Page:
Saskatchewan introduces law to allow control of oil, gas exports
by Ryan McKenna, The Canadian Press
True to its word, Saskatchewan's government has introduced legislation to put constraints on oil and gas exports. Similar to a measure introduced in Alberta, the law is aimed at punishing B.C. for its opposition to the Trans Mountain pipeline
REGINA—The Saskatchewan government has introduced legislation that would allow the province to control its oil and gas exports, similar to a bill recently tabled in Alberta.
Once passed, the law would establish a permitting process for people or corporations looking to export energy products outside the province.
Energy Minister Bronwyn Eyre said the lone difference is that Saskatchewan has a sunset clause in place until Jan. 31, 2019.
“There is a penalty system in place and again, it’s identical to the Alberta legislation,” Eyre said.
“This is really about export permits for truck and for track, anything that would in our case, Saskatchewan’s case, be transporting natural gas, oil, refined products, would be subject to the export permits legislation.”
The proposal does not mention British Columbia specifically, but Saskatchewan has said it is supporting Alberta in a dispute with B.C. over the Trans Mountain pipeline.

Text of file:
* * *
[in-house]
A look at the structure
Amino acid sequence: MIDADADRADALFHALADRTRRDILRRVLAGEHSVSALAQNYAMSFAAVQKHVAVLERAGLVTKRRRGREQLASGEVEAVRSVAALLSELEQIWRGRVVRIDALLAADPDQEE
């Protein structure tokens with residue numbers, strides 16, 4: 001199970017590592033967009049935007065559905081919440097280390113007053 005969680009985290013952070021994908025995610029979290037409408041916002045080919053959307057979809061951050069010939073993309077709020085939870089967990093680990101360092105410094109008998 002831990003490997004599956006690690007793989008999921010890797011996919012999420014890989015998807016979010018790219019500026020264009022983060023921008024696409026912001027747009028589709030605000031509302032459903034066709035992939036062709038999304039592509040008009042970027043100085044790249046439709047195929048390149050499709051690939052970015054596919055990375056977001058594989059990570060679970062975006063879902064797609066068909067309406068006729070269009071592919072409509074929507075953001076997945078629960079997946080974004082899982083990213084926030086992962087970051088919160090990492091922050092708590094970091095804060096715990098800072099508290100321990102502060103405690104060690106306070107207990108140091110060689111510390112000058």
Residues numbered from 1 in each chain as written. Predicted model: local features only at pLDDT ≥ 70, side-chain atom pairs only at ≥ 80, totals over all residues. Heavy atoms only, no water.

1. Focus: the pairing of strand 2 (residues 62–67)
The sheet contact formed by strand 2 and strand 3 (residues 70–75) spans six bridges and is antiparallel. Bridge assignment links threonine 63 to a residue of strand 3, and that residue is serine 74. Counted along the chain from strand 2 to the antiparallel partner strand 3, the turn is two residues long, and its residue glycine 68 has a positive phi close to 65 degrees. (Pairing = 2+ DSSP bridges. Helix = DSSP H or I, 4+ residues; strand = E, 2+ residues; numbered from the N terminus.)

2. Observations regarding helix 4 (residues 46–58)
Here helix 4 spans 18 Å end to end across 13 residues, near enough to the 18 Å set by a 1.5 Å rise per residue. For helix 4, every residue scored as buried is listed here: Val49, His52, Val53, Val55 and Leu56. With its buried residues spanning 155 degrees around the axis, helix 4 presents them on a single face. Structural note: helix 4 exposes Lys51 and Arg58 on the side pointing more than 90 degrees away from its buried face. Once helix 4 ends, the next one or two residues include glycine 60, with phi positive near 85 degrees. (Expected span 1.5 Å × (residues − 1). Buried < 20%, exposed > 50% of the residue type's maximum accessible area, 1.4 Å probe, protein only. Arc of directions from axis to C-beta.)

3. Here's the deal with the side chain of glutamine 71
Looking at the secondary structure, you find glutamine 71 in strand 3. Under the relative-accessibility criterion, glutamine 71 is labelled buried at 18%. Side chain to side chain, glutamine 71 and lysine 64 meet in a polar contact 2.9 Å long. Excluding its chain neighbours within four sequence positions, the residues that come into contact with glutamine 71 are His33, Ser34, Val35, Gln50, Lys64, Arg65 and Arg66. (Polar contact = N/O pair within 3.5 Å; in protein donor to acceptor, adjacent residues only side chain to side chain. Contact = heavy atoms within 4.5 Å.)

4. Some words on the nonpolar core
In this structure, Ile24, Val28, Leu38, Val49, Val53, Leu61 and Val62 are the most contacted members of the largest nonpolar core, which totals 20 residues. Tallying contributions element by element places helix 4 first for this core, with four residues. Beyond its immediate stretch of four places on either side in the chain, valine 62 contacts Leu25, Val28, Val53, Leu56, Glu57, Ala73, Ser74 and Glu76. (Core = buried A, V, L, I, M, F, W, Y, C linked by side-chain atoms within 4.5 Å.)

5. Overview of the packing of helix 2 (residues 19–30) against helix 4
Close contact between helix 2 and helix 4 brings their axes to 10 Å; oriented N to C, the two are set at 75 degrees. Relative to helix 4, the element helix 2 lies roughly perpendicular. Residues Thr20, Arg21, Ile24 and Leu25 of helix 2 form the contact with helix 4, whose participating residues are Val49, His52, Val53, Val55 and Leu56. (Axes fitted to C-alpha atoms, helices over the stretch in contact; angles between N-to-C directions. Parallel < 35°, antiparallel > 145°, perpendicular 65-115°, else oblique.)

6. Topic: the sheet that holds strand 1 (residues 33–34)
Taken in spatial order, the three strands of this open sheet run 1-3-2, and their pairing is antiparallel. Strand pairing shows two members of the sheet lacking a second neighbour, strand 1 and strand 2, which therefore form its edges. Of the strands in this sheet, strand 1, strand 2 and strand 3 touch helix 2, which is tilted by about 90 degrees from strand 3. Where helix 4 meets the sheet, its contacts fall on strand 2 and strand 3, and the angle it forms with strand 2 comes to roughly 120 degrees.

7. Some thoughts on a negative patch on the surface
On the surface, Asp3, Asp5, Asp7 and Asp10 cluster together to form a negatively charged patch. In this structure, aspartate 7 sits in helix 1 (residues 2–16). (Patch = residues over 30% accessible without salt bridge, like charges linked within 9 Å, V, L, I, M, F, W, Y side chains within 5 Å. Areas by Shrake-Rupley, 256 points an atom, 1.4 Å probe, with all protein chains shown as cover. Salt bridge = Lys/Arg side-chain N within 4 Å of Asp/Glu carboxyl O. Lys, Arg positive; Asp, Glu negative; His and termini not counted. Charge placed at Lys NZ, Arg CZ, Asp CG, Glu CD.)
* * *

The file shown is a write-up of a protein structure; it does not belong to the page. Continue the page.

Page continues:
The expansion of the pipeline to the West Coast has been approved by the federal government, but B.C. is fighting it in the courts.
Eyre said that $2.6 billion has been lost from the sector in the province along with $200 million in royalties.
She acknowledged that there are issues with the bill and current trade agreements, but that Saskatchewan needs to defend its rights.
“There are issues with the constitution in terms of who will step up here to protect the resource sector and constitutionally speaking, again, we trump that because we have that responsibility over our energy sector,” Eyre said.
“That’s the law and that’s in the constitution.”
B.C. Attorney General David Eby said Monday that the government will review the Saskatchewan law to determine if it discriminates against his province.
“We’ve reviewed the Alberta legislation and if it’s based on that legislation it’s as unconstitutional in Saskatchewan as it is in Alberta,” he said.
“The nature of the Canadian constitution is it applies across Canada. We’ll have a look at that legislation and we’ll make that determination about how to protect British Columbians from unconstitutional legislation that targets British Columbians.”
Saskatchewan Opposition NDP Leader Ryan Meili said that his party is still looking over the bill and seeking out opinions regarding the legality of the measure.
“We heard some actors like the Canadian Fuels Association posing that this could potentially cause problems for workers in different areas of the economy,” Meili said.
“I think any time you’re starting to introduce trade barriers between provinces—however that is done—there’s potential serious consequences and those need to be explored and understood.”
Eyre said the bill is a last resort and will only be used if the pipeline continues to be stalled.
“This is not something that we want to do, we don’t want to find ourselves in this position,” she said.
—With files from Dirk Meissner in Victoria.